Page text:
A friend of mine asked me recently why it was legal to leave pamphlets and, as it is called, “junk mail” on doorsteps and pinned by windshield wipers of cars, and yet it was illegal to remove said junk mail or pamphlet. He has a good point.
If the mail man, or paper boy, can drop junk mail rolled up and fastened with rubber bands on my driveway (private property, by the way) or on my car (also private property), why is it not okay to remove it? If I toss it aside, and it lands on public property, it’s considered littering, which I would be fined for. But if they toss it onto my private property, it’s considered advertising or , which is fully protected by law. Let’s say I remove it from my private property and place on the private property of another. Would that be legal, or right?
It doesn’t make much sense that people can put papers on my car or on my driveway, yet I can’t remove the papers without having to find a garbage bin to toss them in, or find another private parcel of land, or car, to put them on. And why is it that I cannot opt out of these sorts of things? If, for instance, you like them, and you read them, and you find value in them, you can surely say to the deliverer that you’d like for them to continue. But if you don’t want them on your property, and your reaction is to toss them aside or in the garbage, then you should have a choice to opt out of it.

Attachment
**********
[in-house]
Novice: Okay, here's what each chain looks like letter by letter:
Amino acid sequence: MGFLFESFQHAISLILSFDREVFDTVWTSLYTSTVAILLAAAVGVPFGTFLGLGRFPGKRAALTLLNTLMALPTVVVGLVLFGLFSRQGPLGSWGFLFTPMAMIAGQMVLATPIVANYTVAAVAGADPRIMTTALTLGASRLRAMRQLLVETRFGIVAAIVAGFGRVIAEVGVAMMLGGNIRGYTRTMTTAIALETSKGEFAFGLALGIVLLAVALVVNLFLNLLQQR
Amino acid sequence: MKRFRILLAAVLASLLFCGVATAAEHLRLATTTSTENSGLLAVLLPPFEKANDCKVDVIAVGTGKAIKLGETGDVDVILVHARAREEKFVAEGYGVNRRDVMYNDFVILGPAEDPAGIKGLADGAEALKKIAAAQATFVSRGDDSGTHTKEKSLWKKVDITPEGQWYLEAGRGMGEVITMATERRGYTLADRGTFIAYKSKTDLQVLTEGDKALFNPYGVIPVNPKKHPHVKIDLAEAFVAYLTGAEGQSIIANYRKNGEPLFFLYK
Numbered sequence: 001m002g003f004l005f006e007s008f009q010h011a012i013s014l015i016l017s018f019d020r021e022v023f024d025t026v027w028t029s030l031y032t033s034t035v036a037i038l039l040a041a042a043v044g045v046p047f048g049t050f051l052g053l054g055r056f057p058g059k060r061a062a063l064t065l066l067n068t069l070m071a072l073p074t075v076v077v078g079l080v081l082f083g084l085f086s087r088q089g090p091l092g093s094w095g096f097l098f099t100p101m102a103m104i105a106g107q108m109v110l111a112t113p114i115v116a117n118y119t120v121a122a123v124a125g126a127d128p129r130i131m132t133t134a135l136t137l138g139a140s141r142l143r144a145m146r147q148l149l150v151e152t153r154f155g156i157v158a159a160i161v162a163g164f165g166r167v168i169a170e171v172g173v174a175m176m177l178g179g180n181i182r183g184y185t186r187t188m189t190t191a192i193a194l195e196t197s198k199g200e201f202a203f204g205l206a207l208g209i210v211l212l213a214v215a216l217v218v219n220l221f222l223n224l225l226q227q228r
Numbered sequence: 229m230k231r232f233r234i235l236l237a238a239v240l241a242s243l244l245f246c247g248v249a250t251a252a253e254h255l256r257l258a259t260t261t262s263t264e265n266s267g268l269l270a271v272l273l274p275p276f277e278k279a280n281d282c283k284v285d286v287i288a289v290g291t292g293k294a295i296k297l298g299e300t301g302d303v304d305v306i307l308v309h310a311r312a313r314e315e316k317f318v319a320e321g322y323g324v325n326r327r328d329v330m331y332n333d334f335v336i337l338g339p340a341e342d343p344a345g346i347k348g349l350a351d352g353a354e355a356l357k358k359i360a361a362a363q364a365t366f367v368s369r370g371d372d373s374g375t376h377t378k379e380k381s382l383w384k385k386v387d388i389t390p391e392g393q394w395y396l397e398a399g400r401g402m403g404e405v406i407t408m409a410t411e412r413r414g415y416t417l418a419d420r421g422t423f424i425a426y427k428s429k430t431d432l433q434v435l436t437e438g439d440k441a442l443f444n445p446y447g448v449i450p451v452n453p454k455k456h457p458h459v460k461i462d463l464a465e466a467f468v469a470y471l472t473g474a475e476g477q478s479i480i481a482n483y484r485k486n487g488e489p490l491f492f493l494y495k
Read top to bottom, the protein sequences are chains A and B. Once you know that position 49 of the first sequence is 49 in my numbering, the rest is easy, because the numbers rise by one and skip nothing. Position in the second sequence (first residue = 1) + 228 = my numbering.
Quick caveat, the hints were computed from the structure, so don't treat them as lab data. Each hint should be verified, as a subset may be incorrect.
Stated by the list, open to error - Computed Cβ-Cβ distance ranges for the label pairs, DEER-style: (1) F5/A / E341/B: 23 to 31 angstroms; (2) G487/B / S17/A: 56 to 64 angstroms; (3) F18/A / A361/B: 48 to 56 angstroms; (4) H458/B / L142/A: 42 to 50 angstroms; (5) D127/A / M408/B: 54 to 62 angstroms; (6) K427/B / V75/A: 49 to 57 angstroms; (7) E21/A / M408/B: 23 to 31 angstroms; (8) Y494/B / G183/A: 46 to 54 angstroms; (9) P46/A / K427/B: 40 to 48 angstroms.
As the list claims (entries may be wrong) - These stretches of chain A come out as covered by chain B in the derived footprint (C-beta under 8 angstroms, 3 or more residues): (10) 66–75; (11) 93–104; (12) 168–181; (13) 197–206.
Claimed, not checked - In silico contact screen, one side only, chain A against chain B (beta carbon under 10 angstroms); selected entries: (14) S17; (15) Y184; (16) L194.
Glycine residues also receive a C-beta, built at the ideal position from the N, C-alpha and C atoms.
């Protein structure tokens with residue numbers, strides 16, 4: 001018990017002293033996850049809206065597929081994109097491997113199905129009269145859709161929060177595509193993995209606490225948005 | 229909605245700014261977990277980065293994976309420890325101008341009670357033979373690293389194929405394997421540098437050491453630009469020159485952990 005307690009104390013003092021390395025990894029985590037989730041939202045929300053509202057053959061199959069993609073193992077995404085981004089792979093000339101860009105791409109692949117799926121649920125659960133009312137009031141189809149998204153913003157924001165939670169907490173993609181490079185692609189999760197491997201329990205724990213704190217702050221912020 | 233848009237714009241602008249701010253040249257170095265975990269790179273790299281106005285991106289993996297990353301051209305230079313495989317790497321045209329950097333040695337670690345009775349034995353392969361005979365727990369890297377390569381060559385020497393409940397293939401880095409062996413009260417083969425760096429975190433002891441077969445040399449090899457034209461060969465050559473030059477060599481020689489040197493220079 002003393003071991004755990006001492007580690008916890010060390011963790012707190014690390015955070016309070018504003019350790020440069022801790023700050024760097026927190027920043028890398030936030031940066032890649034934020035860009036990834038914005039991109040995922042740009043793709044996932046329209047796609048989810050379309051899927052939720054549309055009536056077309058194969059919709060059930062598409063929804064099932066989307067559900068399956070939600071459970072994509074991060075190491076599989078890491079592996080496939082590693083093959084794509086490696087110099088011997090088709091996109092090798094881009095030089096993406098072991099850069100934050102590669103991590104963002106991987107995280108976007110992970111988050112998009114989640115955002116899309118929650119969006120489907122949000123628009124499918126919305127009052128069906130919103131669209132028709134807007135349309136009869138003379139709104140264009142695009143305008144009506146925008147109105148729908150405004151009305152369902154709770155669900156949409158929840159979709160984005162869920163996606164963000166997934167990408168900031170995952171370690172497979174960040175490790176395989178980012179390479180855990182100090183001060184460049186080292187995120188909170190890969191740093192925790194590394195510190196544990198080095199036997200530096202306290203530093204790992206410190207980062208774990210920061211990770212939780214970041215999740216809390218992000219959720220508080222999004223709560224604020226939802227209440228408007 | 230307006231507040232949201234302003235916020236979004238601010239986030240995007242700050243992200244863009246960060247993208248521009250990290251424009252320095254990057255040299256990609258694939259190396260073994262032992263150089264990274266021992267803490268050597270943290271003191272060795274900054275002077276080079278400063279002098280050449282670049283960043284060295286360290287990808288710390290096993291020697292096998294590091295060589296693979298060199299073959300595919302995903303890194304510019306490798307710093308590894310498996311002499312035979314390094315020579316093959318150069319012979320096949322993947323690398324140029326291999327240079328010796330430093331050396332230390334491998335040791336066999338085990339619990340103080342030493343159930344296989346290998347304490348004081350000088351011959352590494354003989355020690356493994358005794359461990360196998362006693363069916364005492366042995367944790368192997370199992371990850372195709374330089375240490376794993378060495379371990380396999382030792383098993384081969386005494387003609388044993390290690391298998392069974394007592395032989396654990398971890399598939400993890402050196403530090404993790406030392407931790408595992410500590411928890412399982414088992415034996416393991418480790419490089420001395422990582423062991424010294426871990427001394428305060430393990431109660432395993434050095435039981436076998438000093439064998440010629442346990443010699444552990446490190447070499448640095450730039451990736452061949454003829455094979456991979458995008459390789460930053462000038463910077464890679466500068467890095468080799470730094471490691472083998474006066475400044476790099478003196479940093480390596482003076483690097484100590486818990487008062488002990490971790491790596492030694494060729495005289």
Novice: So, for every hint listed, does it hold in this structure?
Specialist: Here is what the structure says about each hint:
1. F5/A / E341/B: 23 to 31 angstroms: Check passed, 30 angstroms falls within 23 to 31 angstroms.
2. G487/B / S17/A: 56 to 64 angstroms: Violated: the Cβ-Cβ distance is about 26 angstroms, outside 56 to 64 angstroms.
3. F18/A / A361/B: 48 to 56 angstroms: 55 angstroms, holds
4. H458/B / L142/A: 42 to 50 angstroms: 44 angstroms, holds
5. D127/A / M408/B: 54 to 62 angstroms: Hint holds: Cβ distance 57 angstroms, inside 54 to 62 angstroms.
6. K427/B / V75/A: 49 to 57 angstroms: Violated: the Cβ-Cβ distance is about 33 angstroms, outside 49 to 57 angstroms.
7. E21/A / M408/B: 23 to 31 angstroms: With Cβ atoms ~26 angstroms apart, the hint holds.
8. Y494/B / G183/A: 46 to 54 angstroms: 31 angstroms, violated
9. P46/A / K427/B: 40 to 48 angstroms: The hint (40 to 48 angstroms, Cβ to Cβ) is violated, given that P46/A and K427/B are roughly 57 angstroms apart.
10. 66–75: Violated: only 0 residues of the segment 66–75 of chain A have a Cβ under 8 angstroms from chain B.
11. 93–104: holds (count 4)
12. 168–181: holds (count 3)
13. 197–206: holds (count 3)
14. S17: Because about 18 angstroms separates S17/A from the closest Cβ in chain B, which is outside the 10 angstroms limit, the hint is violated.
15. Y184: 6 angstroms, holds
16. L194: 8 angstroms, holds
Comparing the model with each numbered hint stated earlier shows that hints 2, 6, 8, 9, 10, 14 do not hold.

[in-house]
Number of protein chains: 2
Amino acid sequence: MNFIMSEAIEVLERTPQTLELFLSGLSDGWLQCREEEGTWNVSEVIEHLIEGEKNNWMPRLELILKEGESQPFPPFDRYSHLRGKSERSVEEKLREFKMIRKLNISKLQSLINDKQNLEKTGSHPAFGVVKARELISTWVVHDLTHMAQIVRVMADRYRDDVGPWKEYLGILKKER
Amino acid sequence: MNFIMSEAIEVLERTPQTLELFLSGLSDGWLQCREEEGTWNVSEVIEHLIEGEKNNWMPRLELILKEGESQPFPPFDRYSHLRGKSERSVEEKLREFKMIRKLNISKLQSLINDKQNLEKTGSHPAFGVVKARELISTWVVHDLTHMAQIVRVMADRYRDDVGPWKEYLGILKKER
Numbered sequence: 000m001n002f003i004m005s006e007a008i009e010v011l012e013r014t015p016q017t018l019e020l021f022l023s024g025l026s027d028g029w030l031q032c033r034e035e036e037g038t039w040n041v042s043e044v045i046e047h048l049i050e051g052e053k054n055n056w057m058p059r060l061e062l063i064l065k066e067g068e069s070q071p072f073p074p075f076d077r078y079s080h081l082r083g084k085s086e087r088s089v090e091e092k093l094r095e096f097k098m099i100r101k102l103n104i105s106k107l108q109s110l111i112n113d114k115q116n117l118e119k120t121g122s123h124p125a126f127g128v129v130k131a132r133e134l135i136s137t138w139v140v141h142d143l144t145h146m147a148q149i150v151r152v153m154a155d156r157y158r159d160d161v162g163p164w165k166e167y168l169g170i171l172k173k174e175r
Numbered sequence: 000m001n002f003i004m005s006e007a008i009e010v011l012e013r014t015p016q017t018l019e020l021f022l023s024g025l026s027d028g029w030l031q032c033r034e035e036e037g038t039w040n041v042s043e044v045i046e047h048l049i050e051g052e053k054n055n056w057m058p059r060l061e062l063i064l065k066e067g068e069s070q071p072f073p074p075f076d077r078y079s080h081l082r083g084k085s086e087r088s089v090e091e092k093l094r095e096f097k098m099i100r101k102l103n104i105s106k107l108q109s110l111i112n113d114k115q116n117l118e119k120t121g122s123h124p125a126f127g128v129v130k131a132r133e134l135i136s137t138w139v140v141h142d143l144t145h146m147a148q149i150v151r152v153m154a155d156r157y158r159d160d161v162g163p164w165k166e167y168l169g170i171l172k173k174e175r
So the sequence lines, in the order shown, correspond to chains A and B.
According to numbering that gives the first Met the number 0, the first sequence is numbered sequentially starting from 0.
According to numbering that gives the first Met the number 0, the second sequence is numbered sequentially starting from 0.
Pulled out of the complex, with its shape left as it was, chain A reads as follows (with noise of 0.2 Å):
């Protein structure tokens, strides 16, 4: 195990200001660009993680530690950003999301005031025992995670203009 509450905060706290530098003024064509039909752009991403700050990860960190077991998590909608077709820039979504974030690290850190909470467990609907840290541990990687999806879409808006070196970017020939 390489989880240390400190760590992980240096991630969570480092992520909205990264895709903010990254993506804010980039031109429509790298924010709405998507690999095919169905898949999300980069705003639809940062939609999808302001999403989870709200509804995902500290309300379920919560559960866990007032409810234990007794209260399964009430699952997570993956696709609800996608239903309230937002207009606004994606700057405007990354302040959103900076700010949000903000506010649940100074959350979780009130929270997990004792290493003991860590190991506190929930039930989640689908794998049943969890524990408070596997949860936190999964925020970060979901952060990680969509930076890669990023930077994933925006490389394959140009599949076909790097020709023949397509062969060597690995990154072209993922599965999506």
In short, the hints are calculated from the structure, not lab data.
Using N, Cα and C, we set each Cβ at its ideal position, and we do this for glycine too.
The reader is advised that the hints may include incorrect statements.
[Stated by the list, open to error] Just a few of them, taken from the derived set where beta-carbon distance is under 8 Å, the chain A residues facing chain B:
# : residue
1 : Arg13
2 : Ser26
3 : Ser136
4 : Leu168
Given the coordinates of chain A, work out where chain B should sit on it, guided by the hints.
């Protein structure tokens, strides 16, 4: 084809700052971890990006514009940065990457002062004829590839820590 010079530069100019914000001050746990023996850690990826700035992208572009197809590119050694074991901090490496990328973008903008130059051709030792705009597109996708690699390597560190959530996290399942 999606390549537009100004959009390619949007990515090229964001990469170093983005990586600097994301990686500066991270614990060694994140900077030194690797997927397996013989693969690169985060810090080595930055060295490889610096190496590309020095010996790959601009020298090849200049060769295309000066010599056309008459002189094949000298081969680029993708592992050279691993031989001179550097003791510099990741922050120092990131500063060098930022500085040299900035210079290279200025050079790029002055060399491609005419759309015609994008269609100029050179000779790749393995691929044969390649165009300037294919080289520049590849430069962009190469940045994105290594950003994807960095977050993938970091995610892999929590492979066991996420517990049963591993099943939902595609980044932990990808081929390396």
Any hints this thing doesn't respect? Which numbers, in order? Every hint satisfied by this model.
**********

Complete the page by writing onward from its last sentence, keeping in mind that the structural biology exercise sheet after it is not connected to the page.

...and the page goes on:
There’s a similar sort of scenario in proselytizing. But they do it right. We have all experienced religious folk waving little messianic related pamphlets in our faces on the way to the grocery store or airport gate. The only difference is that, while they are certainly annoying, the biblical pamphleteers aren’t putting the literature in our pockets, stapling them to our shirts or leaving them on our cars (well, most of them anyway). They are simply, if not altogether illogically, attempting to bring another into the “flock.”
Let’s say for a moment that I was the one throwing papers on your property. And my papers, for instance, consisted of profane and graphic representations of sex, all with the intention of advertising a new sex shop in the area. Would you be displeased? And does the content make a difference in your decision? Would you be more inclined to advocate for property rights if the content was offensive to your beliefs or sensibilities?
What do you do when you find papers on your car, or in your driveway? Do you toss aside without looking at it? Do you take it to the trash? What are your thoughts?